Yes, you can get sunburned in the shade. The American Cancer Society estimates that over 99,000 new melanomas are diagnosed each year. To protect against melanomas, people take umbrellas and sit underneath the shade in hopes of protection against ultraviolet (UV) radiation. Sadly, shading yourself can still leave you sunburnt. The reason why you can get UV rays in the shade is due to the way UV light reflects off of other surfaces. You still keep the sun from shining directly on you if you sit underneath a beach umbrella, but the sand on the beach will still reflect UV radiation. The same thing goes for concrete, glass and other bright and shiny surfaces. You’re getting exposed to UV radiation, which will still give you a bad sunburn if you’re not careful.
Can You Get Sunburned in Water?
You can get sunburned in water. The water reflects the sun’s rays on your skin and this exposure increases your chances of sunburn. Here are a few other scenarios where you might wonder about sunburns:
- Can you get sunburned in cloudy weather? While fewer rays break through on cloudy and cool days, these rays can still cause burns if you’re not careful.
- Can you get sunburned through clothes? While clothes offer some level of protection, it’s still possible to get burnt. Seek clothes with UVA and UVB protection to stay safe.
How to Prevent Getting Sunburn
You can do a few things to protect your skin from sunburn, including:
- Seek shade: An enclosed patio or retractable awning is a great way to enjoy time outside without fear of getting burnt. This solution limits UV exposure significantly.
- Wear protective clothing: Wear long sleeves, hats and sunglasses when you expect to spend long periods in direct sunlight.
- Put on sunscreen: Wear sunscreen with an SPF of 15 or above for protection from the sun’s rays.
How To Prevent Sunburns in the Shade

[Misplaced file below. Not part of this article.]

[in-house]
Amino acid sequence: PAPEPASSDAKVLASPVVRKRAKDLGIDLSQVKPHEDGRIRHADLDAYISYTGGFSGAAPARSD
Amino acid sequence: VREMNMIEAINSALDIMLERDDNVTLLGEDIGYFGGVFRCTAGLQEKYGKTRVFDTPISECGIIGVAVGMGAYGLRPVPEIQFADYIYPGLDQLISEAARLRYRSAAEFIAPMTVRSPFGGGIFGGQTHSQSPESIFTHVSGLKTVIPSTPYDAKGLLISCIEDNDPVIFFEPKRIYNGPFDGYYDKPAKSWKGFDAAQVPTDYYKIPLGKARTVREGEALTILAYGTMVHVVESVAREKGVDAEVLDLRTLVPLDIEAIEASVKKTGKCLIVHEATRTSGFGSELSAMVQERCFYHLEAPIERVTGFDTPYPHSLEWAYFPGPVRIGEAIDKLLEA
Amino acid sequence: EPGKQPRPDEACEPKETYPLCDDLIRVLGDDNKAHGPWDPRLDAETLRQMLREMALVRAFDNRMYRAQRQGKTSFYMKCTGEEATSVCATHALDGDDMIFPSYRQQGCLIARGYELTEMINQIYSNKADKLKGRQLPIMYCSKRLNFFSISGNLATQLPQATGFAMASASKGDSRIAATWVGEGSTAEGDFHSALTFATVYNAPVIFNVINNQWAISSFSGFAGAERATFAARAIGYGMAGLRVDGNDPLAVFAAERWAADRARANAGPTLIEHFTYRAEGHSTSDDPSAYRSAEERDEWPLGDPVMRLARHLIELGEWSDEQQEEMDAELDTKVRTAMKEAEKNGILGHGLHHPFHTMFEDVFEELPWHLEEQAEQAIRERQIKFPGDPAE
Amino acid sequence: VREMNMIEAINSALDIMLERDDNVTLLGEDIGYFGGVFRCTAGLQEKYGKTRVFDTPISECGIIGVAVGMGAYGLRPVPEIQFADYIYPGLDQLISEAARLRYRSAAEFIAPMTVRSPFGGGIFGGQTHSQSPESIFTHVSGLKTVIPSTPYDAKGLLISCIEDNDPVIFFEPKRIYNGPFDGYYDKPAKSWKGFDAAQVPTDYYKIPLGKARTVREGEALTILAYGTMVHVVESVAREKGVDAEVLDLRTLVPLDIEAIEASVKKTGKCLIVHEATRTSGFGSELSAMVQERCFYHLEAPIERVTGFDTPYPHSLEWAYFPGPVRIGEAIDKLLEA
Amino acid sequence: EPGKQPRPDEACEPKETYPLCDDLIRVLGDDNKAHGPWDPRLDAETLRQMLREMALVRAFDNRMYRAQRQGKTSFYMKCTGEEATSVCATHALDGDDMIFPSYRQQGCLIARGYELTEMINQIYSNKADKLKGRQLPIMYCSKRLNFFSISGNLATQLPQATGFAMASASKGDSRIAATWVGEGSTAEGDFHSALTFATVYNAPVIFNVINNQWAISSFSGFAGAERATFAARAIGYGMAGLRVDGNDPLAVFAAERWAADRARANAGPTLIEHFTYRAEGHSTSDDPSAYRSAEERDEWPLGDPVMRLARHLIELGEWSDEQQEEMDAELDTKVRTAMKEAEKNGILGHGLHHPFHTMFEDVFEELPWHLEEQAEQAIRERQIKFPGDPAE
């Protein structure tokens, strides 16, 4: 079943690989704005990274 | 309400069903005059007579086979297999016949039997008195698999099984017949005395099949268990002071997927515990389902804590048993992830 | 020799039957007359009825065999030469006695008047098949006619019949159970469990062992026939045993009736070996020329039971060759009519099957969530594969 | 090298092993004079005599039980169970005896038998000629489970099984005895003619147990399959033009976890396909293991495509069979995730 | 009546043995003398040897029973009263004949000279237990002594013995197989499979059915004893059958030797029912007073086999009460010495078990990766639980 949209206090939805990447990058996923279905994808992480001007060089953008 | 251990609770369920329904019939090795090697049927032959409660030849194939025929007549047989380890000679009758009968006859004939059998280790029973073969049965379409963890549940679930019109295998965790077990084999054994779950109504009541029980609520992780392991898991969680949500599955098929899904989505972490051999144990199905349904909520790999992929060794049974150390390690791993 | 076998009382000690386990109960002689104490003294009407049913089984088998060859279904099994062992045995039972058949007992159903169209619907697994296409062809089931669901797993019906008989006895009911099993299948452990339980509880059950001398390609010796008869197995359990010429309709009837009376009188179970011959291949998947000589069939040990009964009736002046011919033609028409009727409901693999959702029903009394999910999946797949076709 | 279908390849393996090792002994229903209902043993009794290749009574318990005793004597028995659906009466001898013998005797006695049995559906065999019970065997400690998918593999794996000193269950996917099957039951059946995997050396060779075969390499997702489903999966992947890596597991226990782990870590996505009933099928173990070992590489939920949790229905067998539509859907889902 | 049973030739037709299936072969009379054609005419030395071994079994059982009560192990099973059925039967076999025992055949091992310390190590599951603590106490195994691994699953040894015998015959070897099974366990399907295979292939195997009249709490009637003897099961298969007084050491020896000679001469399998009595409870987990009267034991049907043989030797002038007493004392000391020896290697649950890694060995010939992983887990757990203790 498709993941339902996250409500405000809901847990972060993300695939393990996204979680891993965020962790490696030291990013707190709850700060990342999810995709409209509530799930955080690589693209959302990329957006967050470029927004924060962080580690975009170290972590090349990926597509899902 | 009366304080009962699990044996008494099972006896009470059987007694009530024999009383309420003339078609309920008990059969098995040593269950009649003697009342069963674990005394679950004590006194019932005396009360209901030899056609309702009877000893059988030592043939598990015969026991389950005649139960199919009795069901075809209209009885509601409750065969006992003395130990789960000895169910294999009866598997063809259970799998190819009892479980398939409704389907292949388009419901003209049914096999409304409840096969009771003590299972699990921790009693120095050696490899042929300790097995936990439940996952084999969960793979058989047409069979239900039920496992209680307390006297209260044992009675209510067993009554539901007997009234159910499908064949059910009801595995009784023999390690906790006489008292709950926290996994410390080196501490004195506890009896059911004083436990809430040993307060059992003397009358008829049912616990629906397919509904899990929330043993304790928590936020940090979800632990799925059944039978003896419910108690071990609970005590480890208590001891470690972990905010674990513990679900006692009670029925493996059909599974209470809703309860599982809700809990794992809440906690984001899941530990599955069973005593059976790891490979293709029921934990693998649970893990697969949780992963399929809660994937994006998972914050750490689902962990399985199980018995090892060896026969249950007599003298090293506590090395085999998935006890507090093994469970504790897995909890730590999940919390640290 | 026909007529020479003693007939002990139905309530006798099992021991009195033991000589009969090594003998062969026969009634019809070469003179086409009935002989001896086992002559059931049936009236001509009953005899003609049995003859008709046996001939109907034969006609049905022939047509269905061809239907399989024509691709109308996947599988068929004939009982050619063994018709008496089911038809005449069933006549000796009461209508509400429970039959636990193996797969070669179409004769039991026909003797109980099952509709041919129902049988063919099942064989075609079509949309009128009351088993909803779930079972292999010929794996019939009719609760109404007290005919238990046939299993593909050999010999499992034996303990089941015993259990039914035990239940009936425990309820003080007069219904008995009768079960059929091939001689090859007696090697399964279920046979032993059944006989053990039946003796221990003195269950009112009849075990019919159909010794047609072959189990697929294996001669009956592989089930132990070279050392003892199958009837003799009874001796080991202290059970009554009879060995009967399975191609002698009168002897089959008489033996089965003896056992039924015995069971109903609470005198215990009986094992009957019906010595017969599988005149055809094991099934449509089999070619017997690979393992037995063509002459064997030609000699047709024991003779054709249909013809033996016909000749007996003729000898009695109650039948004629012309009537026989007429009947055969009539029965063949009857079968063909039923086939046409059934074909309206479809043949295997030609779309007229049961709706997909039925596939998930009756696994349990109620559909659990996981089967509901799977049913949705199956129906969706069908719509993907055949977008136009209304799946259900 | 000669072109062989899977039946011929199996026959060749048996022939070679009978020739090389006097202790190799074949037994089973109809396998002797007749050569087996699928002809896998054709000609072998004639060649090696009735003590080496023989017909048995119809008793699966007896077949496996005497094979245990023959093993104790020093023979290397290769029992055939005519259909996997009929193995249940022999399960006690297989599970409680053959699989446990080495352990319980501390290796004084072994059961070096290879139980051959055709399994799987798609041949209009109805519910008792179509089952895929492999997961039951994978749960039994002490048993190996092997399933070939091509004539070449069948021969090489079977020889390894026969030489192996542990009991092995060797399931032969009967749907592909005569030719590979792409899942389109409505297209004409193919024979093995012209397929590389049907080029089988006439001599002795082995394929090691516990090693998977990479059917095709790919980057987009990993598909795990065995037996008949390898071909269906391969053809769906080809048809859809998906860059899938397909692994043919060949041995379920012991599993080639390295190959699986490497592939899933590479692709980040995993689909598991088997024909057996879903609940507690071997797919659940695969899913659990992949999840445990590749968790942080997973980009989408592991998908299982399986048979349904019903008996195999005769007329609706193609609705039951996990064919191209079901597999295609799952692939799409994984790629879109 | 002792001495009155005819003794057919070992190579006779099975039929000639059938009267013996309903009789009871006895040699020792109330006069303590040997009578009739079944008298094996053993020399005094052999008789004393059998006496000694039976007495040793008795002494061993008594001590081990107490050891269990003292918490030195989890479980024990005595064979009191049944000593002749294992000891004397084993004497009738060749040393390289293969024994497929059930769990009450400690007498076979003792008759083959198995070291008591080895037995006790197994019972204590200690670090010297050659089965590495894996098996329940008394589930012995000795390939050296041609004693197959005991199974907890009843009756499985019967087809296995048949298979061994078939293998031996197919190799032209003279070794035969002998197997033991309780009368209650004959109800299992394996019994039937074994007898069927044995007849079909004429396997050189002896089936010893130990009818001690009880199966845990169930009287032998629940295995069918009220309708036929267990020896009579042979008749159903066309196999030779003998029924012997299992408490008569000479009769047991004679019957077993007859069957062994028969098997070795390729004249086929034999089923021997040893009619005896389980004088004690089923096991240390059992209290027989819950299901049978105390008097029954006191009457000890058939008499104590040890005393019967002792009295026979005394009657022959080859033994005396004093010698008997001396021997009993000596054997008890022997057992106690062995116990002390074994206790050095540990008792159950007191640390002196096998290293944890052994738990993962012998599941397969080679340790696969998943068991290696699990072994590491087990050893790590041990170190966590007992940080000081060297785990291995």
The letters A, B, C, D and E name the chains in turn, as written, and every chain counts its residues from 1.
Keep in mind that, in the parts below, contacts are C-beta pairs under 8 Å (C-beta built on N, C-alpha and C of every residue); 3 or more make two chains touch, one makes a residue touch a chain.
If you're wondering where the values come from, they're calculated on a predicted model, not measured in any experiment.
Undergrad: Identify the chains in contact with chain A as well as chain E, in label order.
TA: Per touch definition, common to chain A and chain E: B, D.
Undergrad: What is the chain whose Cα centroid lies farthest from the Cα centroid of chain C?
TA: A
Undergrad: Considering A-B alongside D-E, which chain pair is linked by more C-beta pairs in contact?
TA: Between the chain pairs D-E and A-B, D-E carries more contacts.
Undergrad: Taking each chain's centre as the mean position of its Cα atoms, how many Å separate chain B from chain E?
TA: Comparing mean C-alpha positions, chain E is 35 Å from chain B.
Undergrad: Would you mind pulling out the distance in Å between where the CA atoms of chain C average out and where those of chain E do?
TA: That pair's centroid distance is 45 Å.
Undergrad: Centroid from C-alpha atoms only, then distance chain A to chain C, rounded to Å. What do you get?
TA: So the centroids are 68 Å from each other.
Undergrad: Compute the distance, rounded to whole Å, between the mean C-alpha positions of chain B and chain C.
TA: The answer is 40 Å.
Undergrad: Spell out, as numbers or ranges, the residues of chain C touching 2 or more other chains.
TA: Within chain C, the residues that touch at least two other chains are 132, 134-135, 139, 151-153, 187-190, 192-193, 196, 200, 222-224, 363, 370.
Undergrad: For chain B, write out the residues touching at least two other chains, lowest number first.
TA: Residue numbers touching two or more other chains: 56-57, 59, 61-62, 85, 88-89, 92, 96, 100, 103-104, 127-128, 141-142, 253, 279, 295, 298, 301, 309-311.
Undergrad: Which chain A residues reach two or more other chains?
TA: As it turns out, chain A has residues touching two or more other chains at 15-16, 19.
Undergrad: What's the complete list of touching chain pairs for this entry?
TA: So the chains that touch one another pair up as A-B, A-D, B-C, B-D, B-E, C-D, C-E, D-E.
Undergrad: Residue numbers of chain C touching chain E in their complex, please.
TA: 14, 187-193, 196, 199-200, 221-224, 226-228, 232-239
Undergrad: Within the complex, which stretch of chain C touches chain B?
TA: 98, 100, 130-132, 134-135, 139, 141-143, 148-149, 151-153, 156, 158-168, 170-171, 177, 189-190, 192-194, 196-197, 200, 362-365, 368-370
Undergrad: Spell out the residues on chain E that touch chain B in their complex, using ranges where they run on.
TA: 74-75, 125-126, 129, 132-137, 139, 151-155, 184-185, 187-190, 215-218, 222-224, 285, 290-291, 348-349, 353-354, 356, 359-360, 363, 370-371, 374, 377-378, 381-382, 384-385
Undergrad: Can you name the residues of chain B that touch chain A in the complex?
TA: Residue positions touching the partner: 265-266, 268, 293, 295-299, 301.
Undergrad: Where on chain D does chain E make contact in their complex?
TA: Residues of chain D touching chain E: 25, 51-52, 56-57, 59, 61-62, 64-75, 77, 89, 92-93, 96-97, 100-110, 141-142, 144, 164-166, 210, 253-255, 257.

While seeking shade is an effective way to prevent sunburn, it does not entirely block the sun’s rays. So if you’re wondering whether you can still get sunburned under an umbrella or awning, the answer is yes.
For the most part, avoiding a sunburn in the shade is not that different from avoiding a sunburn anywhere else. You should be wearing sunscreen if you’re going to spend any amount of time outdoors, even if you stick to the shade. A sunscreen with an SPF of 15 will be sufficient for most people, but you should speak with your doctor to find a sunscreen that works best for you. If you need an easier gauge of how much UV radiation you’re getting exposed to, simply look up. The amount of open sky you see is proportional to how much UV radiation you are getting.
How to Treat a Sunburn
Whether you’ve received a sunburn in the shade or while enjoying time out in the water, here are the best ways to treat it:
- Cool your skin: Cold baths or a cold compress can reduce pain and cool your skin.
- Decrease inflammation: Nonsteroidal anti-inflammatory drugs (NSAIDs) like ibuprofen and aspirin can reduce inflammation. Aloe can also provide soothing relief.
- Keep your skin and body hydrated: Burns can make your skin dry and flaky and cause dehydration. Use lotion to moisturize your skin and drink plenty of water to replenish fluids.
Windburn vs. Sunburn — How to Tell the Difference
If you were sitting under shade but now you’re experiencing irritated skin, you might wonder about the cause. Both sunburn and windburn have similar symptoms of red and irritated skin, but windburn most often occurs on the face. Wind’s damaging effects on the skin can also reduce natural skin protection, leading to sunburn.
Learn More About Our Shading Options
A retractable awning is a great way to protect you from direct sunlight. If you’re underneath a retractable awning with no sun coming through, you are receiving only indirect UV rays. Similarly, if you’re in an open field, you are absorbing all of the sun’s UV rays. Urban areas with lots of tall buildings provide safer shade than a beach umbrella since more of the sun is blocked out. You can also avoid getting sunburned if you stay away from the edge of a shaded area. As a rule, larger shaded areas will be safer than smaller areas.